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18 A certain ruler asked Jesus, “Good Teacher, what must I do to obtain eternal life?”
19 Jesus replied, “Why do you call me good? No one is good except the one God. 20 You know the commandments: Don’t commit adultery. Don’t murder. Don’t steal. Don’t give false testimony. Honor your father and mother” [Deuteronomy 5:16-20; Exodus 20:12-16].
21 Then the ruler said, “I’ve kept all of these things since I was a boy.”
22 When Jesus heard this, he said, “There’s one more thing. Sell everything you own and distribute the money to the poor. Then you will have treasure in heaven. And come, follow me.” 23 When he heard these words, the man became sad because he was extremely rich.
24 When Jesus saw this, he said, “It’s very hard for the wealthy to enter God’s kingdom! 25 It’s easier for a camel to squeeze through the eye of a needle than for a rich person to enter God’s kingdom.”
26 Those who heard this said, “Then who can be saved?” 27 Jesus replied, “What is impossible for humans is possible for God.”
NOTE: If you have a third grader who received a Bible Sunday (or one a few years older who still values that third-grade Bible), read and discuss this Luke passage with him or her.
A seemingly earnest ruler asked Jesus what to do to obtain eternal life. Jesus saw the man’s fixation on wealth as his main spiritual obstacle. But the man went away sad, unwilling to reset his priorities. He wanted eternal life, but not THAT much. Scholar Craig Keener noted that “a needle’s eye back then meant what it means today—a very tiny opening.” But “Scripture was clear that nothing was impossible for God (Genesis 18:14; Jeremiah 32:17, 27), apart from something contrary to his character.”
Lord Jesus, you offer me heaven’s riches. Give me a heart that can accurately assess the treasure of your kingdom, valuing it properly against any other claims. Amen.
A college professor of philosophy once posed an ethical question to his students. Suppose you come across a man drowning in a pond. No one else is around, and if you don’t intervene quickly, the man will die. The catch is that you just updated your wardrobe and don’t have time to take off the expensive shoes and pants you just bought in time to rescue the man. If you jump in to help and save the man’s life, you’d be giving up $468 in quality clothes and shoes you just spent money on. Would you jump in to save the man?
In their written responses, the students overwhelmingly said that yes, they would absolutely jump in to save the man, even at the cost of $468. In the grand scheme of things, $468 is a paltry sum for a human life. The professor then revealed the real reason for the question. $468 is the amount of money it takes to sponsor a child in an impoverished country for one year, paying the cost of education and ensuring that the child has food to eat and clean water to drink. The only difference between this real-world scenario and the ethical problem he posed was that we don’t have to watch the impoverished children die.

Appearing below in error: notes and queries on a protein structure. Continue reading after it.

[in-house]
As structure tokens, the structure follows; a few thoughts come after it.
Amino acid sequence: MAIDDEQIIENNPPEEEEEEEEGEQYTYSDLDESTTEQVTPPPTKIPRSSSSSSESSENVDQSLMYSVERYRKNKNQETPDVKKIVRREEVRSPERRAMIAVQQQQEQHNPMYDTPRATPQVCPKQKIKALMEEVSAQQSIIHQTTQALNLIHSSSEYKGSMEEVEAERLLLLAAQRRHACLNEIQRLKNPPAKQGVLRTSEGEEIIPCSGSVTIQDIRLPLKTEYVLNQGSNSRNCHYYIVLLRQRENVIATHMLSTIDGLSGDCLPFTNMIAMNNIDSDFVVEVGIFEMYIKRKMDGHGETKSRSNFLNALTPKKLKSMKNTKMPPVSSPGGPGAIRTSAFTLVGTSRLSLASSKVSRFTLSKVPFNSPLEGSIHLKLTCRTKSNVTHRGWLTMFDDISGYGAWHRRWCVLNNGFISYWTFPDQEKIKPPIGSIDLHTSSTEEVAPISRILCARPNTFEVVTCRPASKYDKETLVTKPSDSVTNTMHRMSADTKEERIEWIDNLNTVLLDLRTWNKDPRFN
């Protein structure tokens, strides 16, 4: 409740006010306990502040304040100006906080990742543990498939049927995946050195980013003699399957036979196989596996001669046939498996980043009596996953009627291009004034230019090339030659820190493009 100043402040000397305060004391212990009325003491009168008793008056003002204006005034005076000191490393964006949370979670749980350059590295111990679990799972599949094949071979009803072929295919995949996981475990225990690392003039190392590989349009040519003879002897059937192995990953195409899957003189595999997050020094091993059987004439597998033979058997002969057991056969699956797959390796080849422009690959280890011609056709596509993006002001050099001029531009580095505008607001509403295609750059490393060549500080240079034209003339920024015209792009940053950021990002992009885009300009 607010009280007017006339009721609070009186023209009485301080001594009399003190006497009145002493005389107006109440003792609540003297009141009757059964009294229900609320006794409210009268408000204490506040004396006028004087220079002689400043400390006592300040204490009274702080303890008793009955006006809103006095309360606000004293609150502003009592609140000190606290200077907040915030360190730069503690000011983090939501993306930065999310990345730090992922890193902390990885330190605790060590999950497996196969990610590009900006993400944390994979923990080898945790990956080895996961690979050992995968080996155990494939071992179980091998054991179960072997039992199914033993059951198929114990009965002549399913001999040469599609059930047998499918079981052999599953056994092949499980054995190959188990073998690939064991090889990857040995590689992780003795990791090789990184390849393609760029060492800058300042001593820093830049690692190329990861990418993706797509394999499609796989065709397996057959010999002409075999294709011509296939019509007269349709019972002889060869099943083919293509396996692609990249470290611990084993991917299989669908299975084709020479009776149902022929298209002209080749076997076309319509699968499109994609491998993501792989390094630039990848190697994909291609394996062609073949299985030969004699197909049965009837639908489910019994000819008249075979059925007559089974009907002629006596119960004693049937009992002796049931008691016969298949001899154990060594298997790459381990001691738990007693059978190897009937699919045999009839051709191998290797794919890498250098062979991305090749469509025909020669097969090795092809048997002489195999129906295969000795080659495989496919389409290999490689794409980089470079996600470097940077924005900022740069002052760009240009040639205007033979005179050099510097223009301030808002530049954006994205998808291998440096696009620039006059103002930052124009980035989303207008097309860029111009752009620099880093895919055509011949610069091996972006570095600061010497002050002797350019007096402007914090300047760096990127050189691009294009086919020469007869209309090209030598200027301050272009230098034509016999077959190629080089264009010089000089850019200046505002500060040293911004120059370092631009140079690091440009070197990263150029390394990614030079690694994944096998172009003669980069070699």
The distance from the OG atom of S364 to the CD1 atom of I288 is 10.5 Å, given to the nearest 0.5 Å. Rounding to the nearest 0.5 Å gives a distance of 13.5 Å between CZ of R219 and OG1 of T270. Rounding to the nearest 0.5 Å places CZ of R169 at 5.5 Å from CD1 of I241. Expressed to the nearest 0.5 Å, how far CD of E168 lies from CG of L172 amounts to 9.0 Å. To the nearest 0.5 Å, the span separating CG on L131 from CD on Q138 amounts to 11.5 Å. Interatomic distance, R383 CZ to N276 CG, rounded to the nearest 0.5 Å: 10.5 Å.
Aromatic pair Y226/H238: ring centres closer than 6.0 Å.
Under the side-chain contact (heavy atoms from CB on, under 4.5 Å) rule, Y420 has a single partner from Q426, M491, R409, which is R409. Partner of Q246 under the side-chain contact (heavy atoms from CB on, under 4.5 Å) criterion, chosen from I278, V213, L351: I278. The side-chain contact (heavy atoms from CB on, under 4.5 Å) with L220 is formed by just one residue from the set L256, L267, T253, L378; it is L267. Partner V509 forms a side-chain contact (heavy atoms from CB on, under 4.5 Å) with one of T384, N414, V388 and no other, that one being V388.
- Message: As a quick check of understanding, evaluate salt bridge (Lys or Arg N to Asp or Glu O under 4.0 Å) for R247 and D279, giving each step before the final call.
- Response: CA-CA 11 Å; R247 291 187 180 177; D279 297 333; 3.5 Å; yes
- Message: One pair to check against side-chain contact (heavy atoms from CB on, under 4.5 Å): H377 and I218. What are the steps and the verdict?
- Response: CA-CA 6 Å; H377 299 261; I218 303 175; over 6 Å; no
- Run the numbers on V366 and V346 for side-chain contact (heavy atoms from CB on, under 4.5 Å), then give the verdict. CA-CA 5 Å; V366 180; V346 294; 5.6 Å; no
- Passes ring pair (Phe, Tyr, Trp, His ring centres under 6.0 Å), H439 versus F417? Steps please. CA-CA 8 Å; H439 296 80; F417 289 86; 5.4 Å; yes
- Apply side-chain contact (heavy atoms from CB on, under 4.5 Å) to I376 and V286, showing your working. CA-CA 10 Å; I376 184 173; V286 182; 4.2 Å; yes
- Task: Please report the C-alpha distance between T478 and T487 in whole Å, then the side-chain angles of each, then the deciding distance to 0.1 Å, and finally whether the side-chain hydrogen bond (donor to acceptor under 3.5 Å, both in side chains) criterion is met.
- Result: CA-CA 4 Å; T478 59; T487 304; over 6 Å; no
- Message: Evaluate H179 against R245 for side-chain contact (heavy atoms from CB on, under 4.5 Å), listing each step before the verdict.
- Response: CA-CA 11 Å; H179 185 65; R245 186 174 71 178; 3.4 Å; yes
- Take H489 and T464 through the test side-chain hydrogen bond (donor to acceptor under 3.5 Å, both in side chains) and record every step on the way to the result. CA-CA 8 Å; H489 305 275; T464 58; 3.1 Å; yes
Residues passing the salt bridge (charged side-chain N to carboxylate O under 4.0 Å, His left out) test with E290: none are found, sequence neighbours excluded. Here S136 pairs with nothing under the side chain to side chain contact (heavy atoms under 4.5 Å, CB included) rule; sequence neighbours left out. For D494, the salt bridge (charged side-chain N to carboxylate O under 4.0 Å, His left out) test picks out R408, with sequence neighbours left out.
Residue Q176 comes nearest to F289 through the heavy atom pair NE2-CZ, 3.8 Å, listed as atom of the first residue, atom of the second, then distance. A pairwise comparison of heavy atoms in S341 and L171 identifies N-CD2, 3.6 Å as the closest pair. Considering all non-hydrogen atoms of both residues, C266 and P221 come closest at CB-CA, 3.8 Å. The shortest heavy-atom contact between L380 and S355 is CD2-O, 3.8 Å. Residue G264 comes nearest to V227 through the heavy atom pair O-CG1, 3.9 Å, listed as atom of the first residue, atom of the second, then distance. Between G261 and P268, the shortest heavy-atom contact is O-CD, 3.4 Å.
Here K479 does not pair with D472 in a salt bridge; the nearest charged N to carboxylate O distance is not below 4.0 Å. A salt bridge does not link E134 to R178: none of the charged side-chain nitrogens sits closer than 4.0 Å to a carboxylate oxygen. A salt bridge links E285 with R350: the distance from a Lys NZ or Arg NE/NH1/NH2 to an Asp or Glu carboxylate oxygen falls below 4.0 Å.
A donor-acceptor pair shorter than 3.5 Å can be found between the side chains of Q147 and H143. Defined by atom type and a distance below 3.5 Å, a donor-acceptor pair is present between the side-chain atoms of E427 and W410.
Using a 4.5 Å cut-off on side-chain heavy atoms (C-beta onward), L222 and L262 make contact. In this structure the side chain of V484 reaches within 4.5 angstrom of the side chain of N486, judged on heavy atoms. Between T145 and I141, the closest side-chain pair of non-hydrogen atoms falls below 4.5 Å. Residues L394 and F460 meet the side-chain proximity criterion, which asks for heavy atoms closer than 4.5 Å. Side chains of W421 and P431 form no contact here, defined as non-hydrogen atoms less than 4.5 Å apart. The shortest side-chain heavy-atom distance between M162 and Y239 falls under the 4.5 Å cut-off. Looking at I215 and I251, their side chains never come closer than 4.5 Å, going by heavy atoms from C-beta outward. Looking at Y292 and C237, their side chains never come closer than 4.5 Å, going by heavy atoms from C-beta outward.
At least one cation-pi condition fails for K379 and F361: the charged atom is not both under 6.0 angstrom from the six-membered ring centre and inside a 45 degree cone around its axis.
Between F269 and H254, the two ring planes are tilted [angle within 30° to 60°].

Growing up in church, I was very familiar with this parable. It’s memorable, and I think we all enjoyed thinking of this rich man who was so in love with his wealth that he didn’t love God—something that all of us would undoubtedly never do. I don’t know that I ever had a number in mind for how rich you’d have to be for this to be a problem, but it was always something that people far richer than I had to worry about—it was a non-issue for me, because I wasn’t “rich.”
Concepts of rich and poor in America are a bit skewed. I think everyone I know thinks they grew up poor. Rich people were kids whose families owned multiple mansions filled with servants who did their bidding, whose parents had over 20 cars. It was never people like me, and that distinction provided a comfortable bit of padding between me and parables like the one Jesus told in today’s passage.
Here’s the thing: if you live in America, you’re probably very rich. An annual salary of just $30,000 makes you richer than over 95% of the world. A salary of $60,000 puts you in the top 1% of earners worldwide. Most of us are far richer than we believe. The parable of the rich young ruler hits a lot harder when you realize that it wasn’t some obscenely wealthy guy most of us could never dream of being; he was probably a lot more like us than we’d like to admit.
So I’m going to ask you the same question that philosophy professor posed to his students: would you jump in to save the drowning man at the cost of $468? Since you know the trick to that question, I’ll phrase it another way: how are you spending your wealth to prevent people from dying even when you don’t have to see it from your comfortable world? As the professor calculated, that can mean sponsoring a child in an impoverished country, but it can mean a lot of other things: giving to a charity (either locally or globally) that’s saving lives, voting in the interest of people less privileged than yourself even when it doesn’t benefit you, volunteering at charities from your local church or food pantry to multinational organizations—there are a ton of possibilities. And I believe that many of us are already doing those things, and that’s great. If that’s the case, I’ll ask a follow-up question: what’s stopping from giving or doing more next year? Or ten years from now? Do you have a giving plan that matches the ambition of your career plan? That’s the heart of what Jesus was getting at in today’s passage, and I think it’s something every one of us has to think more about.
* Comments on Luke 18:25 and Matthew 19:26 in NIV, Cultural Backgrounds Study Bible, eBook. Zondervan. Kindle Edition.